• Before every round, practice putting for at least 5-10 minutes. Start with putts from 6 feet away - called by some pros the most important stroke in golf. The tournament pros sink 50% of their 6-foot putts. Line up 10 balls around the hole and see how many you sink. Then practice sinking 12 foot putts. Finally, practice a few lag putts (very long putts that lag to the hole).

  • A dirty ball won't roll as true as a clean one. Do what the pros do. Pick up your ball on the green after you've marked it. Clean the ball or at least get rid of clinging dirt, and replace it. Make sure to remove your marker before hitting the ball.

  • When playing a round, get into the habit of studying the putt before you reach the green, i.e., when you're approaching the green but not yet on it (usually coming from the fairway). Look at your line from this distance, examine the slope and break, see if you can determine which way the grass is growing. Then on the green examine the line more closely.

  • Read the line of the putt by standing some distance behind the ball. It is usually not necessary to walk to the far side of the cup to also read the line, but do what it takes so that you have a feel for where the ball is going to go. And remember that your feet are lined up parallel to the target line (assuming you are square to the target line). Don't make the mistake of lining your feet up with the target line, because the ball is always several inches in front of your feet. If your feet are lined up to the target line, the ball will necessarily be right of the target line.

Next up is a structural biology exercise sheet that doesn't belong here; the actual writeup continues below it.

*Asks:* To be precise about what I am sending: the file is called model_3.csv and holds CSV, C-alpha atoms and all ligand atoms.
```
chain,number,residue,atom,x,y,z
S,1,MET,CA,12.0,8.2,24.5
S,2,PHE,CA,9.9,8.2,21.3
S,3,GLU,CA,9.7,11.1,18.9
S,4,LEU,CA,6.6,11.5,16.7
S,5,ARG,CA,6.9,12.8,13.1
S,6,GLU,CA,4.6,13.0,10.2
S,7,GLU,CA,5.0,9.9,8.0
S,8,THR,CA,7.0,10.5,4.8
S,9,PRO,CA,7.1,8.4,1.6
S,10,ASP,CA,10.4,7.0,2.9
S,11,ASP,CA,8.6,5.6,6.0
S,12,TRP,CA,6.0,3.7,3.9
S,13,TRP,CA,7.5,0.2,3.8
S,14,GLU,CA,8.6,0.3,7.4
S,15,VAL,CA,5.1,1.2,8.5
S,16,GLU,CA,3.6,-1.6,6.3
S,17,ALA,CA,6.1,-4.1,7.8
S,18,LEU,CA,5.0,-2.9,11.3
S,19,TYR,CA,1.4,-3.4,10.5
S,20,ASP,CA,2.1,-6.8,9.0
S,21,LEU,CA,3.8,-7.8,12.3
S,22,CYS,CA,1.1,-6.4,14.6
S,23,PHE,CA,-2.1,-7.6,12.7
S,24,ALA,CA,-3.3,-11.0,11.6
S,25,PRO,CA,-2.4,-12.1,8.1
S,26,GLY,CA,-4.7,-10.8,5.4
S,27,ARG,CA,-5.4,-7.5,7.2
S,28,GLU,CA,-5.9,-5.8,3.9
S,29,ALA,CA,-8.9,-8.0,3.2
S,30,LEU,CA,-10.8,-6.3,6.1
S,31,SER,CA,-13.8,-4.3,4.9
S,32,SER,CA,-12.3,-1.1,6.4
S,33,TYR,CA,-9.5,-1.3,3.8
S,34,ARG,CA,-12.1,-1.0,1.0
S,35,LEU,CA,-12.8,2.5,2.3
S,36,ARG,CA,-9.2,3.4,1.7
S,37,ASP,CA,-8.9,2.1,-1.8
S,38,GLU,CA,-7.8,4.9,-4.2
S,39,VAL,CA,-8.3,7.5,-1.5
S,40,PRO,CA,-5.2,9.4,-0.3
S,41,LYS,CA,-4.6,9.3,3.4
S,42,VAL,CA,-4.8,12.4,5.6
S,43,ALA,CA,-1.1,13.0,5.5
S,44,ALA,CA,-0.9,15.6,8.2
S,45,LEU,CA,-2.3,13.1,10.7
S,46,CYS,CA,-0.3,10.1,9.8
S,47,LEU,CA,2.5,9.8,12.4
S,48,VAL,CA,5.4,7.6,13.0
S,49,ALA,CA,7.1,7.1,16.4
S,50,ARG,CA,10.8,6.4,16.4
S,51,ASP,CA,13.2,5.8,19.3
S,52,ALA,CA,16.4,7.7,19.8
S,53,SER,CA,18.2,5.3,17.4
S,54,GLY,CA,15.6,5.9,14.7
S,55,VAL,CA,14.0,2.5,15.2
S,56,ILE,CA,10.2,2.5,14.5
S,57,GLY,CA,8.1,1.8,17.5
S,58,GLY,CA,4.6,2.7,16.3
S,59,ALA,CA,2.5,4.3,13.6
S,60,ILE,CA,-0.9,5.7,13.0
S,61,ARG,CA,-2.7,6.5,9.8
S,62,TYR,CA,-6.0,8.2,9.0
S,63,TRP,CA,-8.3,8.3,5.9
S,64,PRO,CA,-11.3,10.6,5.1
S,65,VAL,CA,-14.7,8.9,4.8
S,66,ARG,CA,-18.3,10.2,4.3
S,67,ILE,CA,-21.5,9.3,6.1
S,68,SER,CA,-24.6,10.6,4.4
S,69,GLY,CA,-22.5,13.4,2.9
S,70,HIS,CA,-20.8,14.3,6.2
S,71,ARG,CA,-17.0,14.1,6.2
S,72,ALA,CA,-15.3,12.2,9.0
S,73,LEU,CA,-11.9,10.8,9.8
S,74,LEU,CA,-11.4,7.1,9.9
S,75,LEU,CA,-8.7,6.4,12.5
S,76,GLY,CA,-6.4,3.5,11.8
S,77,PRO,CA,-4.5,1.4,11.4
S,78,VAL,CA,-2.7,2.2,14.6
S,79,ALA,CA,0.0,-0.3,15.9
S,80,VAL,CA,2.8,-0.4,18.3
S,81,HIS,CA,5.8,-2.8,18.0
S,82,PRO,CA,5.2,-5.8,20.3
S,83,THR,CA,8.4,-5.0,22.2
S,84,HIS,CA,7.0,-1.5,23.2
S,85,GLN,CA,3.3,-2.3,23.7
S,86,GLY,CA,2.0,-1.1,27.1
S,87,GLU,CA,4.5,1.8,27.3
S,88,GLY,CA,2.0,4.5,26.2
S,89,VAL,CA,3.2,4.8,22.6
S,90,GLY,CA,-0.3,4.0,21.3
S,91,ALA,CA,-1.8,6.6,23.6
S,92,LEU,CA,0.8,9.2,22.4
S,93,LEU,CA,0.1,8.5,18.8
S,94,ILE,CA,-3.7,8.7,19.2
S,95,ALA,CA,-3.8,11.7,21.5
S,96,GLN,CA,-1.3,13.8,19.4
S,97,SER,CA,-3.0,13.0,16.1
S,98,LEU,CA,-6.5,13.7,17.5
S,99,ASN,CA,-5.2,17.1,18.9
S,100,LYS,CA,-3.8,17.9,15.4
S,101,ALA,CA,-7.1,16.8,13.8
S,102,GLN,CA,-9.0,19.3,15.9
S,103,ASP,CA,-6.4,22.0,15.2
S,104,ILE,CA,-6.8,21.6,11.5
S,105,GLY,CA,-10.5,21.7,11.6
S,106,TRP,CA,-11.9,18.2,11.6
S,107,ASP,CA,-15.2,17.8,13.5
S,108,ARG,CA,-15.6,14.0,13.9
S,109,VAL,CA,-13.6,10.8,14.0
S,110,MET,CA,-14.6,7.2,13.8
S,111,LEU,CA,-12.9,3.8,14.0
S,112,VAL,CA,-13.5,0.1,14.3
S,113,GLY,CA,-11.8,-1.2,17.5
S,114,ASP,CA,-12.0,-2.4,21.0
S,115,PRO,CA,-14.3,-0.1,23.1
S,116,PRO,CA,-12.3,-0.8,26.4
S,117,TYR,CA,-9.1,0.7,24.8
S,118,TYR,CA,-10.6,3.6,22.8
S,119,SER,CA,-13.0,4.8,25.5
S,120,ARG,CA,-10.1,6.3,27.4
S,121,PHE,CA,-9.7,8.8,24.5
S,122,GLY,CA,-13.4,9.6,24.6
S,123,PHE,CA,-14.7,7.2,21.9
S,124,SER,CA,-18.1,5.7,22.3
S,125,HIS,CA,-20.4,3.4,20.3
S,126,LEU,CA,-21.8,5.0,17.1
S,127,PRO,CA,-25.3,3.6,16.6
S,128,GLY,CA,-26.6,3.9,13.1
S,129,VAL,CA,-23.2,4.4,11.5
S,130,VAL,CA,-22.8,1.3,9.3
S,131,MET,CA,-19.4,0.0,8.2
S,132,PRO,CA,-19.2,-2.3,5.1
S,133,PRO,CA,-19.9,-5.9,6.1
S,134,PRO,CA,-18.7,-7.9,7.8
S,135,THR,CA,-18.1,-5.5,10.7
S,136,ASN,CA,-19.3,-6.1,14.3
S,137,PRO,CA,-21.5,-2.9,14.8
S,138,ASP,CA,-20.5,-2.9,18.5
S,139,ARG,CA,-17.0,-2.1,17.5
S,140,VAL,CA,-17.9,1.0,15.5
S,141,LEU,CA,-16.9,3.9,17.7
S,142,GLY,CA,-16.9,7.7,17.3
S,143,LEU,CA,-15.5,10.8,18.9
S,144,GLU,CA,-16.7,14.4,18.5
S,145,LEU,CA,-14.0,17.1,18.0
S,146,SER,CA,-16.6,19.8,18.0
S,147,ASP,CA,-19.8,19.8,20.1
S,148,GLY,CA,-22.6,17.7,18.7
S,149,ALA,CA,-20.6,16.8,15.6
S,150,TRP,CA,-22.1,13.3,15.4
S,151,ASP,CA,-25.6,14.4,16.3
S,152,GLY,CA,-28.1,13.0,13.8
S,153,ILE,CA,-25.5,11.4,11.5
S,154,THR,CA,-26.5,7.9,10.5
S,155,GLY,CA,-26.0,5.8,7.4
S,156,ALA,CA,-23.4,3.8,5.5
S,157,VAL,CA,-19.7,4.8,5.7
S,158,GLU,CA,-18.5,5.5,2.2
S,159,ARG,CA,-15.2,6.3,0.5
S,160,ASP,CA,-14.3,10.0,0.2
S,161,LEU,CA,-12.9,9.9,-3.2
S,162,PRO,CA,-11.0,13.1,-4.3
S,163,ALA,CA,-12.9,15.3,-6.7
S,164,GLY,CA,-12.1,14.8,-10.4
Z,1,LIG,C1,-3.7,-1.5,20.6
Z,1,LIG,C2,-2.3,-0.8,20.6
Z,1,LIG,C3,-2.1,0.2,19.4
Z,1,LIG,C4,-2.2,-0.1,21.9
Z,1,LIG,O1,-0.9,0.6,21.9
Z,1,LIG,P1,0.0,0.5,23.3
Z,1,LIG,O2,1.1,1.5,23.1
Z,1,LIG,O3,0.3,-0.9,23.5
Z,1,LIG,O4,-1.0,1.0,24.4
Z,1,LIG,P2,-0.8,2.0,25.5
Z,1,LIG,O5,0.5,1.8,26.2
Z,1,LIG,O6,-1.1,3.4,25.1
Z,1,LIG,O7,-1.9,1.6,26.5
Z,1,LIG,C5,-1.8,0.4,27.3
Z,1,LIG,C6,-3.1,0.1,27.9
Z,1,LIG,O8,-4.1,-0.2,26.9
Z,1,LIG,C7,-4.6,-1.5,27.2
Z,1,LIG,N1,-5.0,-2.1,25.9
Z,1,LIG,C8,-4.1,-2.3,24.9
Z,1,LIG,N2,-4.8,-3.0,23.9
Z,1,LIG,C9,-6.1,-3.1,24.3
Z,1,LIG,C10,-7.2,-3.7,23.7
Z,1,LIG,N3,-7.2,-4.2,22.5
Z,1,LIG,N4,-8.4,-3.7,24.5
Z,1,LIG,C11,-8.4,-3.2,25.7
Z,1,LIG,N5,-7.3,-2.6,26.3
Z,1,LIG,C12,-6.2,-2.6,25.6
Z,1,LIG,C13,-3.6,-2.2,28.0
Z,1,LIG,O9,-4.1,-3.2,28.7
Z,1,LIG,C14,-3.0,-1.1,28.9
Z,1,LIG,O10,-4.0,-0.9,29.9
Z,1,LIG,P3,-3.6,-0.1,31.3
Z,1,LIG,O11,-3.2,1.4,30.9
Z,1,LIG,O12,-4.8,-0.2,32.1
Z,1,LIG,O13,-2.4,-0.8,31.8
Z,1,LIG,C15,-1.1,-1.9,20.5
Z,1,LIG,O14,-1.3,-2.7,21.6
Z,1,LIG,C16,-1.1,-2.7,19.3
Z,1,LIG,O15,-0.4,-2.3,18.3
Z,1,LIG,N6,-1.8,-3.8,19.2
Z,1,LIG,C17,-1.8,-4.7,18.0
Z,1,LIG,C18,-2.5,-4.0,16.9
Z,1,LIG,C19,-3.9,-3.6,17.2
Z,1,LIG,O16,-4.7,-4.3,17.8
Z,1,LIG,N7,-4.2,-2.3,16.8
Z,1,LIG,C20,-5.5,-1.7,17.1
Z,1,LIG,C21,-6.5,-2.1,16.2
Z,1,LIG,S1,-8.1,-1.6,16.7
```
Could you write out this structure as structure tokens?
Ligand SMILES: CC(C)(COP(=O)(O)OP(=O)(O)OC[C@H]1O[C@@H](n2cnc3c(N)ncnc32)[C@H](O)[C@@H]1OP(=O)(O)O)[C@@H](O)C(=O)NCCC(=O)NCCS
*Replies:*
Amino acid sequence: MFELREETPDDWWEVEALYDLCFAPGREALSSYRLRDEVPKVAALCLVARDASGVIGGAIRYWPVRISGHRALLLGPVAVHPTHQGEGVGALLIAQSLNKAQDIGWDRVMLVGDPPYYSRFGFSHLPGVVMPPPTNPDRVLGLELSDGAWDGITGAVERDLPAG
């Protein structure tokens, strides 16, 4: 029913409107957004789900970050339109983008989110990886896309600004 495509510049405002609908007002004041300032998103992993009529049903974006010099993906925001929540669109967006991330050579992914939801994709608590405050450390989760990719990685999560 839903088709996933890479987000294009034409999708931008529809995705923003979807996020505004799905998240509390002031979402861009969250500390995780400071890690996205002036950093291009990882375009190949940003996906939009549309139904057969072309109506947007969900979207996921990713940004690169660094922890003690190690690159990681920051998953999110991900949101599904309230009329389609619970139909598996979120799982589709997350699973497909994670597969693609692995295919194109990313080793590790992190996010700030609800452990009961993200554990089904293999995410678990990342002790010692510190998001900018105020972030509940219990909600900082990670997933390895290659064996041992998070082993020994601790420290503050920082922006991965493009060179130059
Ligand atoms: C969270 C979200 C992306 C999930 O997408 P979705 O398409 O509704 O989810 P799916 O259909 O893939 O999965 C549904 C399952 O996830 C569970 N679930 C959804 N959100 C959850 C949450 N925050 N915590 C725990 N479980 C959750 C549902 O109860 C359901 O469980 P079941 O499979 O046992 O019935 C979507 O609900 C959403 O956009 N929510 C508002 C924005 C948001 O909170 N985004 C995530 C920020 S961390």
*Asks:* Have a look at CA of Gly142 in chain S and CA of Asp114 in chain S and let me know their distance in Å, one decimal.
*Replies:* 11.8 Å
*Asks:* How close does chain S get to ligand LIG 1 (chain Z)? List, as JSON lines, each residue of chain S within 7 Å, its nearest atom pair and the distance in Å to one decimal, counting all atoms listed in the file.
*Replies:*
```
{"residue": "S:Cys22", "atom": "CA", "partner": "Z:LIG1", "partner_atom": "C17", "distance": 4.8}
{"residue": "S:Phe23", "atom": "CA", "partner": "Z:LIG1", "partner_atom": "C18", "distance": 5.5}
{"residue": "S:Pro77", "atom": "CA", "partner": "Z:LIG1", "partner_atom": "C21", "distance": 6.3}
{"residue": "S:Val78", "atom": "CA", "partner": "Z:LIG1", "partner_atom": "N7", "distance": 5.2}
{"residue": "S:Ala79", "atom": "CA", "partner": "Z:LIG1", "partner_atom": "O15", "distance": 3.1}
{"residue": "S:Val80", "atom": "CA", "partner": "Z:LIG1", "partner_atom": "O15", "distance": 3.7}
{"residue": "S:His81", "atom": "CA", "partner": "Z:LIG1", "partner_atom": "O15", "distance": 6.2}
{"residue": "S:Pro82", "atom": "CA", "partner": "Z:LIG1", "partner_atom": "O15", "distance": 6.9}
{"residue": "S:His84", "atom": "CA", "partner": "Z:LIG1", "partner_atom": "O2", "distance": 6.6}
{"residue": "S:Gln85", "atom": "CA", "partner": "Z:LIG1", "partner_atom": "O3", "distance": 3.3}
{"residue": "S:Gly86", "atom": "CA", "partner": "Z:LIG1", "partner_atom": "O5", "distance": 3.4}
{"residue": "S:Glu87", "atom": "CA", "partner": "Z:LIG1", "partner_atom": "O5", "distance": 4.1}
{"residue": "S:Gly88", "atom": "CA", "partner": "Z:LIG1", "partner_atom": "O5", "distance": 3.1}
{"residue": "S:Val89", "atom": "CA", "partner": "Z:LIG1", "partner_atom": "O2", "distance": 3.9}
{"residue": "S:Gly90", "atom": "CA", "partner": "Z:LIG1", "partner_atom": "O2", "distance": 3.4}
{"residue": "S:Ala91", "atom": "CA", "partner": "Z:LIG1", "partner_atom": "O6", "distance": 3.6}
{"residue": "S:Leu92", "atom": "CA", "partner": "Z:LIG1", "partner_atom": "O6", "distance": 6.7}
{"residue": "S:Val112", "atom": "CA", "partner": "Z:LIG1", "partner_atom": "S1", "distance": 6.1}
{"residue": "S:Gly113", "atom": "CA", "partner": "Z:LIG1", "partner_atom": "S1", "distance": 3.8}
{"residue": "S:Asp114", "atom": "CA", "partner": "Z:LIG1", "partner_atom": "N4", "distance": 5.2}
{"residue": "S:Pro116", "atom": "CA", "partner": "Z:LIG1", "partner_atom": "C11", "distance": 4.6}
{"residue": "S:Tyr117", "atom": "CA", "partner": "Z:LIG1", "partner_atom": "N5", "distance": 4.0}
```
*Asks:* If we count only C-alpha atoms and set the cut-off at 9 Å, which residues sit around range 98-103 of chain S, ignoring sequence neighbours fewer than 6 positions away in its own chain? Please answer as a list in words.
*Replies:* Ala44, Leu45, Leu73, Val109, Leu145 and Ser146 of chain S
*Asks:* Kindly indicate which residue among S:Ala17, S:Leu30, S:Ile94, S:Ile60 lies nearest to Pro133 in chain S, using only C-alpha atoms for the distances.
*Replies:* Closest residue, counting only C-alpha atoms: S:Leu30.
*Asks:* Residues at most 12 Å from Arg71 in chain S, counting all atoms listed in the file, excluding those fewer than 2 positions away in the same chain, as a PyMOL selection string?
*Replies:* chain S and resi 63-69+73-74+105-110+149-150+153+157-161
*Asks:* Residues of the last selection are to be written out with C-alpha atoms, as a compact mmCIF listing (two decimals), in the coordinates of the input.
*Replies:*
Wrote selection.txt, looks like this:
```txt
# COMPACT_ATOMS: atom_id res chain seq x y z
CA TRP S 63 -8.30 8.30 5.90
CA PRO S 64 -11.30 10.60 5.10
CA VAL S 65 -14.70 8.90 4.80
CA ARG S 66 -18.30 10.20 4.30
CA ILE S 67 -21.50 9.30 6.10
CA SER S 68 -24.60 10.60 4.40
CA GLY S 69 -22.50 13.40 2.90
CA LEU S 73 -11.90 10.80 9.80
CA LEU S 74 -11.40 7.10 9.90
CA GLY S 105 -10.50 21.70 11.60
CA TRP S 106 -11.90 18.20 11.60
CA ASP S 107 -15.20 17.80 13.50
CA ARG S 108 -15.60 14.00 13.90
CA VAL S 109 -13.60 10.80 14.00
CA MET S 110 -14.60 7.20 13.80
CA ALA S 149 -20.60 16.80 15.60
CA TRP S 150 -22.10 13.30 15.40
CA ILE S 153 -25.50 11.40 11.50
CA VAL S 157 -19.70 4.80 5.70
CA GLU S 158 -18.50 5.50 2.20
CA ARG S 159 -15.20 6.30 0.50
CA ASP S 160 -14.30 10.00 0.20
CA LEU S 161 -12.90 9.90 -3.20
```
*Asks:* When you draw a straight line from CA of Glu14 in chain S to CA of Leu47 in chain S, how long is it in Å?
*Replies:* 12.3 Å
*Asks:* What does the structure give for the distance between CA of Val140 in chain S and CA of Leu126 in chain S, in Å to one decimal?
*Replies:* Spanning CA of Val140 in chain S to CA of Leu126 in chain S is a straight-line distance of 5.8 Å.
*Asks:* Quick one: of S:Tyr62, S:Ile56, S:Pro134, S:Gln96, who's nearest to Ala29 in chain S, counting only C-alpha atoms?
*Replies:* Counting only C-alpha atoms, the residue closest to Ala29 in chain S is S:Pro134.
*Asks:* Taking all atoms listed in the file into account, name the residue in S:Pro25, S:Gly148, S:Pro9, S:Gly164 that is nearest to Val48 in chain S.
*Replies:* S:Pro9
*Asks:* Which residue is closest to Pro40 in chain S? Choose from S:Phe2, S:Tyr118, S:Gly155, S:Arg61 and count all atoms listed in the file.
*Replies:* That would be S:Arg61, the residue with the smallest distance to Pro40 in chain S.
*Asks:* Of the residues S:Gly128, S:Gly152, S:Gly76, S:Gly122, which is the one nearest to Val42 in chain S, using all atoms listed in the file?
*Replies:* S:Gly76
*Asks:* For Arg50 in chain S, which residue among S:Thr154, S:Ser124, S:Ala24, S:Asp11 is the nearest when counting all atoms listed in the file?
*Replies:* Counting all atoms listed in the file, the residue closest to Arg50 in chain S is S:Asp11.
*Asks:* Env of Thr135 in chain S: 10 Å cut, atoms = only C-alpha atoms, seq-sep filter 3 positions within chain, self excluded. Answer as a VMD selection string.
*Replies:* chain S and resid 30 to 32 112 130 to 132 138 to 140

• When putting from long distances (e.g., more than 10 feet), recognize that DISTANCE IS MORE IMPORTANT THAN LINE. This means that it is more important that you stroke the ball so it goes the correct distance, than that it follow the proper line. This is because your ball will usually not drift more than a few feet to either side of the hole if you've lined it up and read the proper break. But the strenght with which you stroke the ball can send it many feet short or long of the cup. We've all had the experience of hitting a 10 foot or longer putt that misses the cup by millimeters to one side, only to roll another 8 to 10 feet beyond. It the ball stopped inches from the cup (proper distance), the second putt would be a cinch. So again, when putting think: DISTANCE IS MORE IMPORTANT THAN LINE. DISTANCE IS MORE IMPORTANT THAN LINE. DISTANCE IS MORE IMPORTANT THAN LINE.
    As a practical rule, you should aim your ball so that if it misses the cup it travels no more than 18 inches past it.

  • Unless you are in match play and your opponent concedes the putt, you should always putt out. This (to me) is one the biggest mistakes hackers make. Even pros miss some 2-footers. You should always putt out to establish confidence in your putting ability. (Conversely, nothing erodes confidence like missing a 2-footer, but it happens.)

  • Learn putting etiquette, such as don't walk in front of another player's line. You can best learn this by observing and playing with more experienced golfers.

  • For every round, record the number of putts you shoot per hole. You should aim for 36 putts or less per 18 holes. Note that using your putter OFF the green does not count as a putt. Only putts stroked on the green count as putts.

  • Above all, TAKE PUTTING SERIOUSLY. IT IS CLOSE TO HALF YOUR SCORE. Once you begin to take putting seriously, you will improve.

Table of Contents/ Go to Preface/ Go to Step 1/ Go to Step 2/ Go to Step 3/ Go to Step 4/ Go to Step 5/ Go to Step 6/ Go to Step 7/ Go to Step 8/ Go to Step 9/ Front Nine Quiz/ Back Nine Quiz/ Golf Bibliography/ Internet Sites Listed in Book
Lawrence Martin